If you lived in Iceland instead of Ireland, you would:

Health

live 2.0 years longer

In Ireland, the average life expectancy is 82 years (79 years for men, 84 years for women) as of 2022. In Iceland, that number is 84 years (81 years for men, 86 years for women) as of 2022.

be 13.4% less likely to be obese

In Ireland, 25.3% of adults are obese as of 2016. In Iceland, that number is 21.9% of people as of 2016.

Economy

be 27.3% less likely to be unemployed

In Ireland, 5.0% of adults are unemployed as of 2019. In Iceland, that number is 3.6% as of 2019.

be 32.8% less likely to live below the poverty line

In Ireland, 13.1% live below the poverty line as of 2018. In Iceland, however, that number is 8.8% as of 2017.

make 41.7% less money

Ireland has a GDP per capita of $89,700 as of 2020, while in Iceland, the GDP per capita is $52,300 as of 2020.

Life

be 20.0% less likely to die during childbirth

In Ireland, approximately 5.0 women per 100,000 births die during labor as of 2017. In Iceland, 4.0 women do as of 2017.

be 52.4% less likely to die during infancy

In Ireland, approximately 3.5 children (per 1,000 live births) die before they reach the age of one as of 2022. In Iceland, on the other hand, 1.6 children do as of 2022.

Expenditures

spend 2.2 times more on education

Ireland spends 3.4% of its total GDP on education as of 2018. Iceland spends 7.6% of total GDP on education as of 2018.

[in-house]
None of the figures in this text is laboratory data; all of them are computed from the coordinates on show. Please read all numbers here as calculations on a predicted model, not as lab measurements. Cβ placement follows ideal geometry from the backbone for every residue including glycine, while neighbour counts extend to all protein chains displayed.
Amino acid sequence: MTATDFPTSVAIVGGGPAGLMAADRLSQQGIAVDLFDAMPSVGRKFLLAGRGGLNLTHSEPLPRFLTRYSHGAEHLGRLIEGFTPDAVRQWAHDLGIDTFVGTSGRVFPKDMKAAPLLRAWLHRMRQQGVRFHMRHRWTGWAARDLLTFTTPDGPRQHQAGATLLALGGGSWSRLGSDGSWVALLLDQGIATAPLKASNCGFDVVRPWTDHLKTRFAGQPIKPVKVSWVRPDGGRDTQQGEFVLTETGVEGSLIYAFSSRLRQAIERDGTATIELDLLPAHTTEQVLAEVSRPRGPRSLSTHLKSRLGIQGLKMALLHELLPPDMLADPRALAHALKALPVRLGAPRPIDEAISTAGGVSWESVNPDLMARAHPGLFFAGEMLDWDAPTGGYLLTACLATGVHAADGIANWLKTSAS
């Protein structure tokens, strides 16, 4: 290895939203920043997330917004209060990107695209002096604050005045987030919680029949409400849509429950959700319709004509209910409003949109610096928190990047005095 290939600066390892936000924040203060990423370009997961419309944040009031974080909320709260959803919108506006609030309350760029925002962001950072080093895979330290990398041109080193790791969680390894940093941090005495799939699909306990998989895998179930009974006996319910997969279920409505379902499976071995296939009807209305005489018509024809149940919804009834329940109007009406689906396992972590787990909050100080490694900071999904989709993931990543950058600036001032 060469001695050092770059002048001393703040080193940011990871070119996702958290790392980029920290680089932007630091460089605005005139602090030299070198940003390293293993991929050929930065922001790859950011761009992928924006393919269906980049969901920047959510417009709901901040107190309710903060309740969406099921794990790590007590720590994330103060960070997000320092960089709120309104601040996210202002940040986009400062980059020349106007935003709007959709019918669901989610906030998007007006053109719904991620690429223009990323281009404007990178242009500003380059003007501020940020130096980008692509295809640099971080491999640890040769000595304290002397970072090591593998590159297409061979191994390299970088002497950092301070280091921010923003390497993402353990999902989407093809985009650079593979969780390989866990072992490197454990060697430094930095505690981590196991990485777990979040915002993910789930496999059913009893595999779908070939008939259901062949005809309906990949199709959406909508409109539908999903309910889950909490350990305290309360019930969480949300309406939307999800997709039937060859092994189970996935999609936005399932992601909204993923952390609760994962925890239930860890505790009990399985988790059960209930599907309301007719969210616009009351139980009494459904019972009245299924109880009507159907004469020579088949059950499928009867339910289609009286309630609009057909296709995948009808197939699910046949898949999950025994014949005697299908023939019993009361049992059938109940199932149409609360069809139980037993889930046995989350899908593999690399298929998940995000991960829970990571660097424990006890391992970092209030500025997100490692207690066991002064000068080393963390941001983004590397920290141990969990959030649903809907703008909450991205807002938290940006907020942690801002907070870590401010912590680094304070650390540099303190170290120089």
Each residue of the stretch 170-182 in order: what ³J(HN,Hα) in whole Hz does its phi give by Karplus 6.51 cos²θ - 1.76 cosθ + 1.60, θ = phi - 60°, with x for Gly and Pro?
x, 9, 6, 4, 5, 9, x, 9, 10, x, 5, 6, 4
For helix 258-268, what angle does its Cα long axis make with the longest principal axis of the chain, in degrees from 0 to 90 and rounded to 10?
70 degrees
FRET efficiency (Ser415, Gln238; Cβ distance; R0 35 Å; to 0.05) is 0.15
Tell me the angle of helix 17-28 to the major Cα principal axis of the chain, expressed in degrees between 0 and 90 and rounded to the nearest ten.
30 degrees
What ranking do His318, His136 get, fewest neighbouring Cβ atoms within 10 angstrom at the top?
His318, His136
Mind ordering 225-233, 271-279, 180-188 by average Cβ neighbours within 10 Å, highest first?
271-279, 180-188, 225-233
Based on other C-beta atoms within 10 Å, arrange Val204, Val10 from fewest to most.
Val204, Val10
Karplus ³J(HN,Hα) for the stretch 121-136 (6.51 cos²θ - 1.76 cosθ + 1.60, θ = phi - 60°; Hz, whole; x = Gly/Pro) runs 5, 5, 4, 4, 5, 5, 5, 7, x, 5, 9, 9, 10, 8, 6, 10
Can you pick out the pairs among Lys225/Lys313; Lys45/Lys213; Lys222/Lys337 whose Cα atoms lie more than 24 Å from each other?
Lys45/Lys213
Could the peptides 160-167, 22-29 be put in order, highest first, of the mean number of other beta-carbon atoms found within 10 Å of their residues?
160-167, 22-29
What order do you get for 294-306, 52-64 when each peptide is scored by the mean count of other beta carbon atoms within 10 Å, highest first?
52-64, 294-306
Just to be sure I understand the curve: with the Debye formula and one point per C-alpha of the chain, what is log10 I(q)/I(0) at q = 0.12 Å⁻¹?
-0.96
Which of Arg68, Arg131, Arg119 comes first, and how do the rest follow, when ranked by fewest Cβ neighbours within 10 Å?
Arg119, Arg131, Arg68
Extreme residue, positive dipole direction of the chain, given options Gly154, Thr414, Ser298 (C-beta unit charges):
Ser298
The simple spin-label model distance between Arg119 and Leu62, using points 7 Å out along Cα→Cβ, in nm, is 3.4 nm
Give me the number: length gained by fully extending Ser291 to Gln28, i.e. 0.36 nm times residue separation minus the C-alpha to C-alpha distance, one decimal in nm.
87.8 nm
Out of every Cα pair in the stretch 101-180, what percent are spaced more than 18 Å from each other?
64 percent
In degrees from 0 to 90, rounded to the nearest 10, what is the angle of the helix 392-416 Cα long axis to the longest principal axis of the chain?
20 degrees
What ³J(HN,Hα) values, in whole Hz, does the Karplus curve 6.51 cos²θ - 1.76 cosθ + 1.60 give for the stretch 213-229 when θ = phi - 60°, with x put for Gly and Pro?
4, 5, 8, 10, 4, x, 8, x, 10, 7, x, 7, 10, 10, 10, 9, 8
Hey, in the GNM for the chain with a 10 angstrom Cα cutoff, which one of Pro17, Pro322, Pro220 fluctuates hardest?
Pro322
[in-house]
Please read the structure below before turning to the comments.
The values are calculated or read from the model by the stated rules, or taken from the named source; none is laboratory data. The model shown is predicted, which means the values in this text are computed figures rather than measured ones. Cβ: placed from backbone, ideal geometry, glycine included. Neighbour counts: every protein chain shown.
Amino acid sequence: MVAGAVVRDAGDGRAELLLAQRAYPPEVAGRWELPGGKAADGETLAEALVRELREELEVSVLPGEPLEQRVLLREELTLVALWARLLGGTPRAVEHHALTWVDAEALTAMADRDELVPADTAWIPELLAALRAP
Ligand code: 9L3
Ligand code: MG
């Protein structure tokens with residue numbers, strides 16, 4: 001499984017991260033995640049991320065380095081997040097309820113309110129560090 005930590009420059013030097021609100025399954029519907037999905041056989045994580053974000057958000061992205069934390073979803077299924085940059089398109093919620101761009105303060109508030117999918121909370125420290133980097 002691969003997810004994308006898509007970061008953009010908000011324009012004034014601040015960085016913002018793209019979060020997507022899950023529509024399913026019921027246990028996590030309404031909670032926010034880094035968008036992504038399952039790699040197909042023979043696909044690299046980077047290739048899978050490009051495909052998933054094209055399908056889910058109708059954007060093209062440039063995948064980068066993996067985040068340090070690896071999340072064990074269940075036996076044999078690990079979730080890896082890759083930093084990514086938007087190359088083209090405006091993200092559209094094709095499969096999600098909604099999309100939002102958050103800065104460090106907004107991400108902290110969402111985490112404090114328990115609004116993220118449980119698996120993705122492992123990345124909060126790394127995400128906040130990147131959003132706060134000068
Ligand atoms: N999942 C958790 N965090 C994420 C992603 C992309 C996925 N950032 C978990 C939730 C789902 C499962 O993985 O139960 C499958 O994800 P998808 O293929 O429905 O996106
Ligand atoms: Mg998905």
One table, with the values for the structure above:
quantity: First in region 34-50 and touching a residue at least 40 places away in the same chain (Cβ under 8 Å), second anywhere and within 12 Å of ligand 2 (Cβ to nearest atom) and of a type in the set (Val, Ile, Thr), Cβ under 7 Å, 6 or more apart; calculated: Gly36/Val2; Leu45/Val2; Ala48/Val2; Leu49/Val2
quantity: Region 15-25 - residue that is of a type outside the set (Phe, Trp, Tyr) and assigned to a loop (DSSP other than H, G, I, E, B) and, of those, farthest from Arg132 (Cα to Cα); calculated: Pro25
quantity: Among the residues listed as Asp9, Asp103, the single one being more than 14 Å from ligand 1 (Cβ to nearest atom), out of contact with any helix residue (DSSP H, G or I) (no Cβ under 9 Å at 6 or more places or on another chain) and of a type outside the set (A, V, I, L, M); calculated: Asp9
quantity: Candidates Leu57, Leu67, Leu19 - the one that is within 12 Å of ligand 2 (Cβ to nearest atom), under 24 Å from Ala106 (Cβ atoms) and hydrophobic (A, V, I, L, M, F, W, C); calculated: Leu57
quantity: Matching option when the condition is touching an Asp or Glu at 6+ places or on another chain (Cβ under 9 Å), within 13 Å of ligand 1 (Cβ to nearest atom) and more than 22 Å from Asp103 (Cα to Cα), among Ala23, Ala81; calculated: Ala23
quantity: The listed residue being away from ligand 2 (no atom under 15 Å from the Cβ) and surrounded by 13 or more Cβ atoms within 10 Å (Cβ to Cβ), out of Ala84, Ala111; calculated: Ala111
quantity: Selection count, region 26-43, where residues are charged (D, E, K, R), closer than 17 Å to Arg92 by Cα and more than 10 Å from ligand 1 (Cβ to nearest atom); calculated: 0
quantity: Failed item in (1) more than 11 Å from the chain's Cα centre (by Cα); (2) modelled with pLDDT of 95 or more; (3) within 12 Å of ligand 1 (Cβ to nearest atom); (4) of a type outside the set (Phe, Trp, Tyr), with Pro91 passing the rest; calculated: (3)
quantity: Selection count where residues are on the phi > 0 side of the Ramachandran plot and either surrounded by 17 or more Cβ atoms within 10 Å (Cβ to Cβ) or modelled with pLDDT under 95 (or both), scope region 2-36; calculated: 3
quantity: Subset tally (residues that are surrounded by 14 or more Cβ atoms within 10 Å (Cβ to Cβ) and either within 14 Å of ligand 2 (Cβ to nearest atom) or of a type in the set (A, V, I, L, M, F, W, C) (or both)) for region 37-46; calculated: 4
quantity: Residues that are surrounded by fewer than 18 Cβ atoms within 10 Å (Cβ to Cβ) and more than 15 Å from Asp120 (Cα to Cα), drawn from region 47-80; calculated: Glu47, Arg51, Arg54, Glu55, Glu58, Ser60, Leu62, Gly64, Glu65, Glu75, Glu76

spend 28.4% more on healthcare

Ireland spends 6.7% of its total GDP on healthcare as of 2019. In Iceland, that number is 8.6% of GDP as of 2019.

Geography

see 3.4 times more coastline

Ireland has a total of 1,448 km of coastline. In Iceland, that number is 4,970 km.


The statistics above were calculated using the following data sources: The World Factbook.

Iceland: At a glance

Iceland is a sovereign country in Europe, with a total land area of approximately 100,250 sq km. Settled by Norwegian and Celtic (Scottish and Irish) immigrants during the late 9th and 10th centuries A.D., Iceland boasts the world's oldest functioning legislative assembly, the Althing, established in 930. Independent for over 300 years, Iceland was subsequently ruled by Norway and Denmark. Fallout from the Askja volcano of 1875 devastated the Icelandic economy and caused widespread famine. Over the next quarter century, 20% of the island's population emigrated, mostly to Canada and the US. Denmark granted limited home rule in 1874 and complete independence in 1944. The second half of the 20th century saw substantial economic growth driven primarily by the fishing industry. The economy diversified greatly after the country joined the European Economic Area in 1994, but Iceland was especially hard hit by the global financial crisis in the years following 2008. Literacy, longevity, and social cohesion are first rate by world standards.
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How big is Iceland compared to Ireland? See an in-depth size comparison.

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